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    Applicability of Cost Volume Profit with sample calculations

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    Value costing remains an important aspect of strategic business decisions. It allows decision-makers a rapid snapshot of optimal output levels with respect to variable costs, price-point, and profitability. While CVP makes several assumptions that limit its application to specifics, it remains an important part of accounting for decision-makers. (969 words, APA format, with references).

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    Value costing will always be relevant to business enterprises. Simply put, it is a powerful management tool to address a problem common to every enterprise-how to sync up each element toward the common goal. "The mismatch between strategies and tactics... with the overall goals and objectives of the organization trigger most of the non-value adding activities in operations," (Gupta & Gunasekaran, 2005, pg.338). Value costing strips costs and value of window dressing, and lays objective data bare for consideration. Thankfully for the professional accountants among readers, there is no single answer for the 'correct' method, however. While simplicity is the strength of Cost-Volume-Profit (CVP) techniques, it also is its limitation.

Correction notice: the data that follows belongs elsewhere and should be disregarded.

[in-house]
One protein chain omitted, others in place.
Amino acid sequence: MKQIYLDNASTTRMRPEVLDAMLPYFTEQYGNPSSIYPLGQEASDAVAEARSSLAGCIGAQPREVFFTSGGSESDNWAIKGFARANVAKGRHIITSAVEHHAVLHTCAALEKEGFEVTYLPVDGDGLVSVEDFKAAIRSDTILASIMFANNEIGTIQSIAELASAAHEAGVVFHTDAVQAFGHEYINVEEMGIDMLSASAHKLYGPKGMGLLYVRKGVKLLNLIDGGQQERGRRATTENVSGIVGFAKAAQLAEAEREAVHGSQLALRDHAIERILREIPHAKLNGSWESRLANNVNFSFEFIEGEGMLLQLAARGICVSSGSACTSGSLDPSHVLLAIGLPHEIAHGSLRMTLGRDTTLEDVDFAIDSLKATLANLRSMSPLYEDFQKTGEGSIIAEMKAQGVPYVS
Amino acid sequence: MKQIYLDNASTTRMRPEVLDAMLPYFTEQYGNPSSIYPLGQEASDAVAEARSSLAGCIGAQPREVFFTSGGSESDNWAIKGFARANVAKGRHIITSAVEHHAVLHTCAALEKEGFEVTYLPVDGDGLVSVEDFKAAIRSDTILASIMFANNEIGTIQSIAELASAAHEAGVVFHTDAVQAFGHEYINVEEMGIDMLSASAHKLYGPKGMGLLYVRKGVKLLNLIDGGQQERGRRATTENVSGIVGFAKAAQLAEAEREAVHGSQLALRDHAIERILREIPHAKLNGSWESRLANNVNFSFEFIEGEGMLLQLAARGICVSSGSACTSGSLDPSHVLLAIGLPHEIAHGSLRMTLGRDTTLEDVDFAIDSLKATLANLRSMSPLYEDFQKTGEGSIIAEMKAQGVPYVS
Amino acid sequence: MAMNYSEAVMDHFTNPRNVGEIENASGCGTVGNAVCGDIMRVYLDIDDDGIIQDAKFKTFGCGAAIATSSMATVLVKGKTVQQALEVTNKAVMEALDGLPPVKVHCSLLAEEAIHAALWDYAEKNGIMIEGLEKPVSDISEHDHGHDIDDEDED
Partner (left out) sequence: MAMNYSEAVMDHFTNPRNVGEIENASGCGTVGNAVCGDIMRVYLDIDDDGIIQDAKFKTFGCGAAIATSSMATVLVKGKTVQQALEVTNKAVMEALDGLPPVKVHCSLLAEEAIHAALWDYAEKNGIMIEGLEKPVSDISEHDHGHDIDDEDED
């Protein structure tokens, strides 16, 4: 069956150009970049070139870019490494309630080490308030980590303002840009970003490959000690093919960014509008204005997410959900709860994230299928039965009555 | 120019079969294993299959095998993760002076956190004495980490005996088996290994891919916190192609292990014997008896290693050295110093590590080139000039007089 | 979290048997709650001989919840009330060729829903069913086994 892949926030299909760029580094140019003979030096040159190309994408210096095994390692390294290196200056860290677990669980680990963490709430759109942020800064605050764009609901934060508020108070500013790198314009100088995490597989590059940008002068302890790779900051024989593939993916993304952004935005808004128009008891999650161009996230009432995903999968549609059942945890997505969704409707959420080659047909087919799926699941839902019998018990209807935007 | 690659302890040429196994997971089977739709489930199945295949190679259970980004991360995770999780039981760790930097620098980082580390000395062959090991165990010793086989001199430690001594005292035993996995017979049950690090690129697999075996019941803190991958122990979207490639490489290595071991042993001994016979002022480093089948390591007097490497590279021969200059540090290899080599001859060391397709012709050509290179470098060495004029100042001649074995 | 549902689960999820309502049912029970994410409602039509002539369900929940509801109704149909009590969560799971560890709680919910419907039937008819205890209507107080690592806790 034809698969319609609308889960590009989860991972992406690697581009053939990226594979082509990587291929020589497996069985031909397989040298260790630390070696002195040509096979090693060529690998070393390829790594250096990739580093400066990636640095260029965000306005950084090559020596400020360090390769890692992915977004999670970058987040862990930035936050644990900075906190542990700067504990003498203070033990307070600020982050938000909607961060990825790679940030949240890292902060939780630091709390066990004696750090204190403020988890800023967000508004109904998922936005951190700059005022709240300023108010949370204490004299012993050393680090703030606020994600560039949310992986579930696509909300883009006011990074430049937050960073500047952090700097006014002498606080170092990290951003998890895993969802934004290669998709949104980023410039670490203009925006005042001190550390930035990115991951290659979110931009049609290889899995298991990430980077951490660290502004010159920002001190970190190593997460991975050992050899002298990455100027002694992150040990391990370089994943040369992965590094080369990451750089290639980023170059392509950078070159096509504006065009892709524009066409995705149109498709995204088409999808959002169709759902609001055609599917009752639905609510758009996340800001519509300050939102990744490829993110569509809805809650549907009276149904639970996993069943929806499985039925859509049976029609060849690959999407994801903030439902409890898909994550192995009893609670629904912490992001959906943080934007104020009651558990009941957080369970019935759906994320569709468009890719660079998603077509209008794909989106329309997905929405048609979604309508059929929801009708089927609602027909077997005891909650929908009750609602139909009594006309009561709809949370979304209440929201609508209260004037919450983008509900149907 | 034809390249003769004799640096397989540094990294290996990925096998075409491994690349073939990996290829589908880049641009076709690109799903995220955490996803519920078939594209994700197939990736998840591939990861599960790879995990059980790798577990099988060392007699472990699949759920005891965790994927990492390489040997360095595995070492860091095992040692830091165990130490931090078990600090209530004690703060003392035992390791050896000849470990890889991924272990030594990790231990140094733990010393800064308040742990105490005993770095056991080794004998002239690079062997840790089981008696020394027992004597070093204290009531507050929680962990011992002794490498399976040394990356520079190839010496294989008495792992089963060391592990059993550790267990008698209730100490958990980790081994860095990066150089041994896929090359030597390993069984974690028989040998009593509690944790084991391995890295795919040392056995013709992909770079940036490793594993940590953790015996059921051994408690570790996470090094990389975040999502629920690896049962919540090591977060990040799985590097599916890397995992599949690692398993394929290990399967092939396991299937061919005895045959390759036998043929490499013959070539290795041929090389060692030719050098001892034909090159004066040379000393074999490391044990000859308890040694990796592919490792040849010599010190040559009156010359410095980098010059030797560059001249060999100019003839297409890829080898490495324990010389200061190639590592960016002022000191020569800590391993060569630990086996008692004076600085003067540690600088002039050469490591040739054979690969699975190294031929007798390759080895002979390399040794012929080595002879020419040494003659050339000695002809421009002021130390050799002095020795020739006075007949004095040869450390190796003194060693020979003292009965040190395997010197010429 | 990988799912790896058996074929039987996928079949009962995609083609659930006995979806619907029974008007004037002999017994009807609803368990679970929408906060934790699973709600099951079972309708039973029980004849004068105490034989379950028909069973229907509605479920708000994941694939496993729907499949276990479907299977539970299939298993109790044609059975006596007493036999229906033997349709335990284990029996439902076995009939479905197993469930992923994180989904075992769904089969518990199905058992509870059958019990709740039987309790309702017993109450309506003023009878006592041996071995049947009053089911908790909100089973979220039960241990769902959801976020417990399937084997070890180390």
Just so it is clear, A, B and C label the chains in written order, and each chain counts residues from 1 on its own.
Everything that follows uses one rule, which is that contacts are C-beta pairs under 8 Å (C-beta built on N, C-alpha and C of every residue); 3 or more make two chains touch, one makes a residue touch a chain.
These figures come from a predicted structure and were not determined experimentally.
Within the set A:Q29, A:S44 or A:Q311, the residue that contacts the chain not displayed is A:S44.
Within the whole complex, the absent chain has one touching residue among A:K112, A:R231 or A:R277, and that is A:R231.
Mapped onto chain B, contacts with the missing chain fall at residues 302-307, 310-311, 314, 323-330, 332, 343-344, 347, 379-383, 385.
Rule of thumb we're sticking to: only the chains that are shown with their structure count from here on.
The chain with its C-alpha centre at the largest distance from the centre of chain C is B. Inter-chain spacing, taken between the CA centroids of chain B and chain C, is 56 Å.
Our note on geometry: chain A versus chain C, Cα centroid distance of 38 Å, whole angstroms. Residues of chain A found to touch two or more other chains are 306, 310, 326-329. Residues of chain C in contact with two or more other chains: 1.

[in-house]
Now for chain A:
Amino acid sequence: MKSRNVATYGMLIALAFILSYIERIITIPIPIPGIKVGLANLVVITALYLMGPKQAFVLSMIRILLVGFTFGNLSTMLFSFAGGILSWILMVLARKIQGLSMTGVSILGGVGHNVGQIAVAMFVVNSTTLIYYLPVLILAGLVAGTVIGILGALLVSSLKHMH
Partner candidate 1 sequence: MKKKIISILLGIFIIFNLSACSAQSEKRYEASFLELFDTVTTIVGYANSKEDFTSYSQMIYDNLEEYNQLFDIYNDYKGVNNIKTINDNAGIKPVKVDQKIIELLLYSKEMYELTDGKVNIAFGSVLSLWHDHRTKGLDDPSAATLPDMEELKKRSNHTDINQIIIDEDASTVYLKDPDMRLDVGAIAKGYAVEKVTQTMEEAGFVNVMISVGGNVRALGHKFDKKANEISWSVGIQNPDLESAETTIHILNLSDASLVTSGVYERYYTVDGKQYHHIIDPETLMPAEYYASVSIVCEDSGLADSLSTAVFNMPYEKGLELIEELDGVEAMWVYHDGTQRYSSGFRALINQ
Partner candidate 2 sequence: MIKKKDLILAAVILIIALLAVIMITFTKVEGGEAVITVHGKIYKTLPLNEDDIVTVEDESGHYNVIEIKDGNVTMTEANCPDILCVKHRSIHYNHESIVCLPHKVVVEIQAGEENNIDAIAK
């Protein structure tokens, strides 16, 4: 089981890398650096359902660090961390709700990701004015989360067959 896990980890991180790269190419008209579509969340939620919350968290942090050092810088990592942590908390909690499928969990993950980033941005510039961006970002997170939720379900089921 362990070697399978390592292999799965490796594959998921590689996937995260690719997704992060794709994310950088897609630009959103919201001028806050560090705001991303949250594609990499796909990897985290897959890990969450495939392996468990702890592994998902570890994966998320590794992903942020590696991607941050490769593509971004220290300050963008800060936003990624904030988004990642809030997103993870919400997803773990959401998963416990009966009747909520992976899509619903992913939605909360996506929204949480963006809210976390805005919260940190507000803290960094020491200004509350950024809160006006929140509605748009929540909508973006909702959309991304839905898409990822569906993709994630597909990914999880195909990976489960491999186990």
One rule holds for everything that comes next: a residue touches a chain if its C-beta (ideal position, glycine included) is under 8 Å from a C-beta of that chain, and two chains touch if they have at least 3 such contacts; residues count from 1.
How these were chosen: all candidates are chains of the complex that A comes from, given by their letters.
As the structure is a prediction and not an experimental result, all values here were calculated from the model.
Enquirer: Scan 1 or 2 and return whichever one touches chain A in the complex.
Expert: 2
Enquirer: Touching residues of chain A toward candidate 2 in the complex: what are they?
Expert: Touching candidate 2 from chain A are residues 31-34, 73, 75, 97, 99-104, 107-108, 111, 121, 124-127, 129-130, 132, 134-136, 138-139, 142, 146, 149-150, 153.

There must always be a balance between resources and quality in any enterprise. While this may sound obvious, it strikes to the crux of CVP's usefulness. If accounting techniques are considered a spectrum, with infinitely expensive (as measured in time or money) and infinitely accurate on the right side-and free (again, as measured in time or money) but grossly over generalized at the left-CVP would lay on the left side of the spectrum, providing quick, simple information for decision making.

    First, consider the concept of contribution margin (CM). Unit contribution margin is defined by the difference between revenue (R) and variable costs (VC)-where variable costs consist of whatever input per unit is required to prepare it for sale (Vakkur):
    R-VC= CM (in dollars, per unit or gross) or VC/R ...

    Solution Summary

    The future applicability of CVP (Cost, Volume, Profit) analysis is discussed. Sample calculations are included to illustrate CVP's continued usefulness in strategic accounting.